This was the text for the sermon I heard at the church of my childhood, a few weeks ago. I had never encountered this story before, and it floored me.
What powerful imagery, and how relevant to our times! A valley of dry bones, the people dead and desiccated, no breath to enliven them… until the Spirit reclaims them. And I was struck – thunderstruck, really — by the fact that Ezekiel’s vision bears a striking resemblance to the visions experienced by many during a so-called “psychotic episode”: death and destruction, an Apocalypse, the voice of God, a rebirth.
In The Far Side of Madness, John Perry proposes a series of interrelated archetypal images/ideas that consistently make an appearance in the psychotic process (though not necessarily in a linear fashion):
A. Center – A location is established at a world center or cosmic axis
B. Death – Themes of dismemberment or sacrifice
C. Return to beginnings
D. Cosmic Conflict – a battle between good and evil
E. Threat of Opposite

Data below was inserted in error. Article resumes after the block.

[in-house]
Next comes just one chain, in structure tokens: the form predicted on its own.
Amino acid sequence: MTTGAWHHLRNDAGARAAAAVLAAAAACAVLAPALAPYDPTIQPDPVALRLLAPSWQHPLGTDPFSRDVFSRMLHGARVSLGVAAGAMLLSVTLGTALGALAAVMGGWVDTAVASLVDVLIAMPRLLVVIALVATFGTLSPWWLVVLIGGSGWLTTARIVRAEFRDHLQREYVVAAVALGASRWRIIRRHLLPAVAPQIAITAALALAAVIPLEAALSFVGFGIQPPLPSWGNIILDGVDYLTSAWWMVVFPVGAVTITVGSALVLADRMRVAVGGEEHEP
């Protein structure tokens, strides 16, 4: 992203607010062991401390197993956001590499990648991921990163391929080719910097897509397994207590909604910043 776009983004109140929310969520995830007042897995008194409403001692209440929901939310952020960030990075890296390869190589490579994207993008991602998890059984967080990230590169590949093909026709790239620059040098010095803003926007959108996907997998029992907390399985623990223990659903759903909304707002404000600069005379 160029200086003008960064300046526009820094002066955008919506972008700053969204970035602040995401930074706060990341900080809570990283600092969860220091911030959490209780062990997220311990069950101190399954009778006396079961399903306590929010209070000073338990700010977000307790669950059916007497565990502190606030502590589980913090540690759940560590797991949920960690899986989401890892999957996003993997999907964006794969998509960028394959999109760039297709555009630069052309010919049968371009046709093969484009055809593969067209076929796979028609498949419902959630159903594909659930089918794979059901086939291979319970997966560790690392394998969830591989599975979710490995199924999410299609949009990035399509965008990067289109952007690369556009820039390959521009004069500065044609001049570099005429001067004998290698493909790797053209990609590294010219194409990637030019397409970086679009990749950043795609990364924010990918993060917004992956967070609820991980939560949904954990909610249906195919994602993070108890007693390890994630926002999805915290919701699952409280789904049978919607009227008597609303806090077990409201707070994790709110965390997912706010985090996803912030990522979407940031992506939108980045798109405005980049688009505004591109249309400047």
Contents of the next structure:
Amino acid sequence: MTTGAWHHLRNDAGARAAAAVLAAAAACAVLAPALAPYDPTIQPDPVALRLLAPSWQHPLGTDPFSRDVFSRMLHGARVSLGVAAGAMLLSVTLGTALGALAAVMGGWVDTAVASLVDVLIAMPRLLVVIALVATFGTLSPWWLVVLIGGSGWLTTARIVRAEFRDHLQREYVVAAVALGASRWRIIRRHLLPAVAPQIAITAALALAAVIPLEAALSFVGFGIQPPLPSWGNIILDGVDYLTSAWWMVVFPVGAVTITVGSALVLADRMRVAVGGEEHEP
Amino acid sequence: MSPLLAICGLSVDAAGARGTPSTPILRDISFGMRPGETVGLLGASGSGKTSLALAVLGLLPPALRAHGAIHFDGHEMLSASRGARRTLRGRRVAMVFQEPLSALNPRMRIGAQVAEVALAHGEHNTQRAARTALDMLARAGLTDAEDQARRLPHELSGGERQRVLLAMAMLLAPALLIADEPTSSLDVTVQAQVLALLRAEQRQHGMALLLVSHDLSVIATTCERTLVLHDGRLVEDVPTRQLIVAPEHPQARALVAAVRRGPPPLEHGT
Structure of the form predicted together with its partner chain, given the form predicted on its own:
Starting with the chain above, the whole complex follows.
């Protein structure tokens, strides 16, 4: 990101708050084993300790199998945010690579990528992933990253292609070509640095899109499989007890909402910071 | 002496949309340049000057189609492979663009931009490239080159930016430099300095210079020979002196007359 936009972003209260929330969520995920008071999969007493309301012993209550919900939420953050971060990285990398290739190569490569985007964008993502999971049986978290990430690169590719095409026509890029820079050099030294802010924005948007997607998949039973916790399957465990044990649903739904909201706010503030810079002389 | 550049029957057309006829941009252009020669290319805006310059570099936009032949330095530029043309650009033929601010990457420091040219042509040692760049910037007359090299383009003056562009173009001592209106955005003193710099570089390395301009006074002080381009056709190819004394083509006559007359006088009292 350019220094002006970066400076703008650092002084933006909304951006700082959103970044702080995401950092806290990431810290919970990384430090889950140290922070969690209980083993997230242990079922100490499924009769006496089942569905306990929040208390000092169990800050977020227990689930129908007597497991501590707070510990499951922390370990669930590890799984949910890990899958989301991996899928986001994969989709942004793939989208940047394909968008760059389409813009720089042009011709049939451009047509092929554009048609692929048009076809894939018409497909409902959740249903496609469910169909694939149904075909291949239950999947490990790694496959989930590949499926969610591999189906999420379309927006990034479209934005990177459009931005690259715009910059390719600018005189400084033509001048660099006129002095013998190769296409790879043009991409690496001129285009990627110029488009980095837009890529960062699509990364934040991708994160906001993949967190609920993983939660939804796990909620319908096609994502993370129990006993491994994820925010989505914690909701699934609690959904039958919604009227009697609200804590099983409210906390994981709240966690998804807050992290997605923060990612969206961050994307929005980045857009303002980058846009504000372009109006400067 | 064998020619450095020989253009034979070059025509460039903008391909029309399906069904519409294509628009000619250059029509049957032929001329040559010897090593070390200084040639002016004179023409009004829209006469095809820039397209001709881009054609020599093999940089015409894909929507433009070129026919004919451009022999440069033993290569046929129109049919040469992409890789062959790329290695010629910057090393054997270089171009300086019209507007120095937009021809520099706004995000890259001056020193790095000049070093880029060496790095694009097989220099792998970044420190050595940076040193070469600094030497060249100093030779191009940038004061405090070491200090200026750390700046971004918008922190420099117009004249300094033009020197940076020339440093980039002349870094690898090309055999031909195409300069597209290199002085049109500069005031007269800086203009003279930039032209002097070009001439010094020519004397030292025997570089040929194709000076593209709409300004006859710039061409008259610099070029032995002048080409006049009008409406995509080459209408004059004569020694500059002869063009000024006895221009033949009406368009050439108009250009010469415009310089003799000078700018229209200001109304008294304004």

F. Apotheosis – direct communication or identification with God
G. Sacred Marriage
H. New Birth
I. New Society/a New Age
J. Quadrated World – a fourfold structure of the world or cosmos
(from John Weir Perry’s Far Side of Madness)
Perry illustrates, with numerous case studies, the amazing regularity with which these features appear in psychotic processes. Ezekiel’s vision contains many of them: death (dismemberment), cosmic conflict, apotheosis, new birth (the bones and flesh made alive), and quadrated world (breath “from the four winds”). The book of Ezekiel, an account of Ezekiel’s seven visions from God, contains them all.
The idea that some [not all] psychotic processes are spiritual in nature, and serve (in part)* to convey a message from the divine, is an old one. In fact, in many traditional cultures, it was and is the dominant interpretation of these experiences.
But in our culture, the idea that psychosis/the visionary process has value for the individual experiencing it and the community to which he belongs is downright revolutionary!
On the micro level — the individual — it is valuable as
a self-healing process – one in which, specifically, the pathological complexes dissolve themselves. The whole schizophrenic turmoil is really a self-organising, healing experience.
-John Weir Perry, in this interview
But there is an analog at the macro level, the level of the community, that is equally important: